“”Room 237” is (possibly) a weird, oddly effecting journey into the mind of a filmmaker considered by many to be a genius.”
Rodney Ascher’s “Room 237” is fascinating because it manages to take a subject that’s remarkably niche – the messages and potential motivations interwoven into the making of Stanley Kubrick’s “The Shining” – and manages to turn them to something that’s equal parts fascinating and creepy, when it’s not being strange, that is.
I enjoyed Stanley Kubrick’s “The Shining,” though I took it simply as an auteur’s interpretation of a Stephen King novel, though to some people it’s something much deeper and significantly more profound.
So instance, there are some that believe that in the film Kubrick reveals himself as the auteur who “staged” the Apollo moon landing of 1969. Others theorized that “The Shining” was his way of dealing with the Holocaust. And if those theories weren’t wild enough, there are some who believe that the film is a treatise on the conquering – and virtual genocide – of Native peoples not only in this country, but all over the world.
The film is oddly effecting, and creepy at times, which is interesting when you consider that while it’s about a famous horror film, it itself, isn’t.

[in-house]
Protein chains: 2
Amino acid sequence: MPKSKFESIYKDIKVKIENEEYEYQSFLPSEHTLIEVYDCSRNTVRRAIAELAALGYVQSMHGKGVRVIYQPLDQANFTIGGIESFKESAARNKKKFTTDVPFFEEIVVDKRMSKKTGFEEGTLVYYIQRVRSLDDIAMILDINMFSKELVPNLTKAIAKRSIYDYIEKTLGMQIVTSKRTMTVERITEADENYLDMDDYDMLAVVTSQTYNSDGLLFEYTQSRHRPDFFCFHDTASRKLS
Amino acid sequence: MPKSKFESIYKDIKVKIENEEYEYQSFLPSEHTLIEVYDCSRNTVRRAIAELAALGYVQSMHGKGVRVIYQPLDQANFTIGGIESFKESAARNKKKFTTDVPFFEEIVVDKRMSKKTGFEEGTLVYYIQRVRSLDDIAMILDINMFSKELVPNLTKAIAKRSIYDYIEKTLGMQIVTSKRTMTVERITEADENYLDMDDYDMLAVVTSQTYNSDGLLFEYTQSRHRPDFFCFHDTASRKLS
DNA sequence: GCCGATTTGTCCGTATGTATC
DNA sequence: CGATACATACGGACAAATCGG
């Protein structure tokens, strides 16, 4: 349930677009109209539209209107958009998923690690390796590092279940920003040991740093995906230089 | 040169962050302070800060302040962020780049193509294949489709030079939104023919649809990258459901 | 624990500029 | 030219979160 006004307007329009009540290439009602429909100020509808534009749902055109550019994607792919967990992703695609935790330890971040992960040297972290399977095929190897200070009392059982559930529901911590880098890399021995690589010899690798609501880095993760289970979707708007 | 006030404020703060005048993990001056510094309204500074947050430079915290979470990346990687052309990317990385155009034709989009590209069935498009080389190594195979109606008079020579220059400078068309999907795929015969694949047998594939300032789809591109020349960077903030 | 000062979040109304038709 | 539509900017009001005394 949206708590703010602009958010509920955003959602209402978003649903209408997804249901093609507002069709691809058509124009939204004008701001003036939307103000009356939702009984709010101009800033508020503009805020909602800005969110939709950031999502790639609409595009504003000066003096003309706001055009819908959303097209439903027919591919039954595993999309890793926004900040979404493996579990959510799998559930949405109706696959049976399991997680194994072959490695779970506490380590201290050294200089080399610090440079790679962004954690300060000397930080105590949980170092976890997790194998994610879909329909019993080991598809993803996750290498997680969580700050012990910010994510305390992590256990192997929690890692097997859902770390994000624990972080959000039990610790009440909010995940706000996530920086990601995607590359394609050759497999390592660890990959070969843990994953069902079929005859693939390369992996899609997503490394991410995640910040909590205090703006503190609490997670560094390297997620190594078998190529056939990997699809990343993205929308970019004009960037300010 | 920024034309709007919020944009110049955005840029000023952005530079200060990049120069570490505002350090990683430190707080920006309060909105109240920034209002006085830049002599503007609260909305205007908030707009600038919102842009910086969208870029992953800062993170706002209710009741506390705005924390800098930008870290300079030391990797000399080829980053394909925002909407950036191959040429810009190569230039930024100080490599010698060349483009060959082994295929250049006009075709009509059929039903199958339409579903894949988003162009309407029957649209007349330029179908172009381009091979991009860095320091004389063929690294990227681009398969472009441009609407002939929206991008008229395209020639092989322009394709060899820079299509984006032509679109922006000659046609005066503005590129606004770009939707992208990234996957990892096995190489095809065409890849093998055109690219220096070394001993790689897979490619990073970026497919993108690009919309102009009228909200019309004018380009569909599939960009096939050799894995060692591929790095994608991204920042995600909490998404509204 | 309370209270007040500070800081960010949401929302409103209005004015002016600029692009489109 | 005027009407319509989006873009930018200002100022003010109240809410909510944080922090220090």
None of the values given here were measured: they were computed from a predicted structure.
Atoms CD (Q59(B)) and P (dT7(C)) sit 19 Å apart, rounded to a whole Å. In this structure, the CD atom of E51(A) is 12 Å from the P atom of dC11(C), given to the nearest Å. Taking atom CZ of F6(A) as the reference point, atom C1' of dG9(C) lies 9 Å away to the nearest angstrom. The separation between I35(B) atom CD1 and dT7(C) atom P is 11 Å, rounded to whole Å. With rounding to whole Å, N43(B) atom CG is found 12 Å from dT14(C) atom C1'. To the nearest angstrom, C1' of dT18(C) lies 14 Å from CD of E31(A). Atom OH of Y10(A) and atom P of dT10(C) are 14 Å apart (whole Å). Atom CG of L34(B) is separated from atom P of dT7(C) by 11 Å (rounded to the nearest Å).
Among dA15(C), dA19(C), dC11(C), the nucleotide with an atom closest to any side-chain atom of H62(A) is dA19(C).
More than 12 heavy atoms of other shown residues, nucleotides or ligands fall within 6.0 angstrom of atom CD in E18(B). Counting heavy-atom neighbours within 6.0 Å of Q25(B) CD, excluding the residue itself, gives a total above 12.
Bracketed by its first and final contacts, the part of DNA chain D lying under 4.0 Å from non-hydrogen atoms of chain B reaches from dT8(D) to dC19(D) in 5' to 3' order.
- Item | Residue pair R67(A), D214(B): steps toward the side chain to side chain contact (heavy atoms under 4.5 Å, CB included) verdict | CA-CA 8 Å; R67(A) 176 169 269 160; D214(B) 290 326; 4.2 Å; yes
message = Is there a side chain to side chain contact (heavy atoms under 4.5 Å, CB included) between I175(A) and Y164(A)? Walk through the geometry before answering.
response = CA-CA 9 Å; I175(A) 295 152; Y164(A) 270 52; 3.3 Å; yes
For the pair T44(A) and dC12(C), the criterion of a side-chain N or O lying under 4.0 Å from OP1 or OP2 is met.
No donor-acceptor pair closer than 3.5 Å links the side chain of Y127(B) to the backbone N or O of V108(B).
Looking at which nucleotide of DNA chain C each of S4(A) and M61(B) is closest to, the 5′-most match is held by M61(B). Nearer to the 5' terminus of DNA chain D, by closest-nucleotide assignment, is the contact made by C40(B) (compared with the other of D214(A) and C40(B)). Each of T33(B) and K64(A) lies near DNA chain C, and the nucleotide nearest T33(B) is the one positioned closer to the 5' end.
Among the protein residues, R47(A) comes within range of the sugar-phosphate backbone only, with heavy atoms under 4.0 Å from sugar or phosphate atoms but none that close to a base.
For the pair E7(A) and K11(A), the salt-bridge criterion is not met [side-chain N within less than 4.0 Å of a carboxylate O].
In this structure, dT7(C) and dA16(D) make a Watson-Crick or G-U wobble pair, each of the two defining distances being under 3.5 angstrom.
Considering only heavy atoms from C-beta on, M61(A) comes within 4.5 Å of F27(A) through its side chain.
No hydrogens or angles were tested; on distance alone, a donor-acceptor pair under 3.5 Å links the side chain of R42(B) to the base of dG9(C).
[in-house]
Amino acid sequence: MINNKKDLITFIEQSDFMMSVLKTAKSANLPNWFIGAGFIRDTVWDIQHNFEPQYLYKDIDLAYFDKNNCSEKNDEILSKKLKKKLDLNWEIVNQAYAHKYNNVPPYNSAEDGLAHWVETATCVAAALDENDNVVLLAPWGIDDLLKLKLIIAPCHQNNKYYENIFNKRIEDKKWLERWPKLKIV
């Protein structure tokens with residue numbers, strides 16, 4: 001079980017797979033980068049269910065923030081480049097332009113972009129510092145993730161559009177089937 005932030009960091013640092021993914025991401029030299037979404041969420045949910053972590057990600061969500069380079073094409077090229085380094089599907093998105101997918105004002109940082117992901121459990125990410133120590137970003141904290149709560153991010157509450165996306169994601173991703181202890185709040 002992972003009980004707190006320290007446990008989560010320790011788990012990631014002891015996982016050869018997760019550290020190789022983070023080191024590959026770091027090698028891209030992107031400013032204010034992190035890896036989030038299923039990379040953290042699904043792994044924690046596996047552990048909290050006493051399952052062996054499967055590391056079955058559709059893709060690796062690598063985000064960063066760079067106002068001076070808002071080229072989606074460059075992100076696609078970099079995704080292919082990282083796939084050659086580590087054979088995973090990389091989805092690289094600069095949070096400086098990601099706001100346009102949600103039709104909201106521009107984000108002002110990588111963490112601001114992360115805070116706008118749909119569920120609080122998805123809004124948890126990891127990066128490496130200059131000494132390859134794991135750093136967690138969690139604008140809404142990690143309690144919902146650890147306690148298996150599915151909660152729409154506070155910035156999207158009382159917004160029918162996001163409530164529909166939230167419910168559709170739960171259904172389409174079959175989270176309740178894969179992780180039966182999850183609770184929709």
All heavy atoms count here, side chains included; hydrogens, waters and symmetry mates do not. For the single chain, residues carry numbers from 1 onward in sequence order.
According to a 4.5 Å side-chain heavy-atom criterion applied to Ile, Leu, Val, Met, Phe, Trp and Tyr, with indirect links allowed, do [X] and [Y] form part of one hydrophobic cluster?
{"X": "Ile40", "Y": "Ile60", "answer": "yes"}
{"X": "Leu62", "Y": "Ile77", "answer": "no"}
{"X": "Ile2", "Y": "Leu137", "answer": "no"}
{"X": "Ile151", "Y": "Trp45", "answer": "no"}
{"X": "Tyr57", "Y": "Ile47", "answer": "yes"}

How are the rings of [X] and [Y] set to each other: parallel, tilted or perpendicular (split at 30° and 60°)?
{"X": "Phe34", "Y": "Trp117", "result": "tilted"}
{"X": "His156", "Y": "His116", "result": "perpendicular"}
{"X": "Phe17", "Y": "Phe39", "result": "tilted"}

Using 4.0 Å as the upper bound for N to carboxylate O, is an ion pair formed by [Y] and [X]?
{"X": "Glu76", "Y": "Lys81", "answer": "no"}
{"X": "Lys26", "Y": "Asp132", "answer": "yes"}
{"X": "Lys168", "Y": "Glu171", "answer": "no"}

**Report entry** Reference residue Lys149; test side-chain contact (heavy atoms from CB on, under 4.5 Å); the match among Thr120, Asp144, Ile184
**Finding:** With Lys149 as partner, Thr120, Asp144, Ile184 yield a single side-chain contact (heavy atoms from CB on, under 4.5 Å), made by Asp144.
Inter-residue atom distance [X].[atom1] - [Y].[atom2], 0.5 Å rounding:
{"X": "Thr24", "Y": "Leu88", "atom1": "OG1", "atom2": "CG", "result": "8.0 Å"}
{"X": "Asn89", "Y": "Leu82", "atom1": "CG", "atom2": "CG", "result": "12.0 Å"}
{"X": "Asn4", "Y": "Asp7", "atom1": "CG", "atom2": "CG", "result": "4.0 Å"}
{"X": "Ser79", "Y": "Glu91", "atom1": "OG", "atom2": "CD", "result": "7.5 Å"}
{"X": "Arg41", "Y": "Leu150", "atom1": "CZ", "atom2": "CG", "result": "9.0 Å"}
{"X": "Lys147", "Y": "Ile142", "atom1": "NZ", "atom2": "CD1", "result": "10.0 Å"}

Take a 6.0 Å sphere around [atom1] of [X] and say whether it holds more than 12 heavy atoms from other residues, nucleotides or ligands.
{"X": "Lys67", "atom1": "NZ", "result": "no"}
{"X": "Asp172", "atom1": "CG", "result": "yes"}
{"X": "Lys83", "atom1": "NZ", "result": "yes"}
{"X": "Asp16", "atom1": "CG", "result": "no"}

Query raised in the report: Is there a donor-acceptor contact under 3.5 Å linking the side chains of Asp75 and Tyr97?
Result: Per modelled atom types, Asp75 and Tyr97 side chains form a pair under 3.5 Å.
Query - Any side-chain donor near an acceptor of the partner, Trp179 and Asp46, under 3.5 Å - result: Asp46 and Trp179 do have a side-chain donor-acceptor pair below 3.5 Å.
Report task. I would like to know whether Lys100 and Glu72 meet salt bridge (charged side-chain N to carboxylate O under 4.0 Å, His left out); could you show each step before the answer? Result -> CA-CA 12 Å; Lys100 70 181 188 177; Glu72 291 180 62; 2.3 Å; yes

What’s most fascinating is that, for the people that are interpreting the film, no detail is too small and I mean that literally because everything from carpets to the placement of windows in The Overlook Hotel come under scrutiny.
Despite Kubrick’s IQ (which was supposedly somewhere in the ballpark of 200, though he claimed that it was below average) I am not sure that I believe that he could have filled his films with so many hidden details and intentions.
Then again, everything that appears on the screen is generally there because someone intended it to be, though that’s not to say that all – or any –of the speculation that appears in “Room 237” is true.
Though it is remarkably interesting.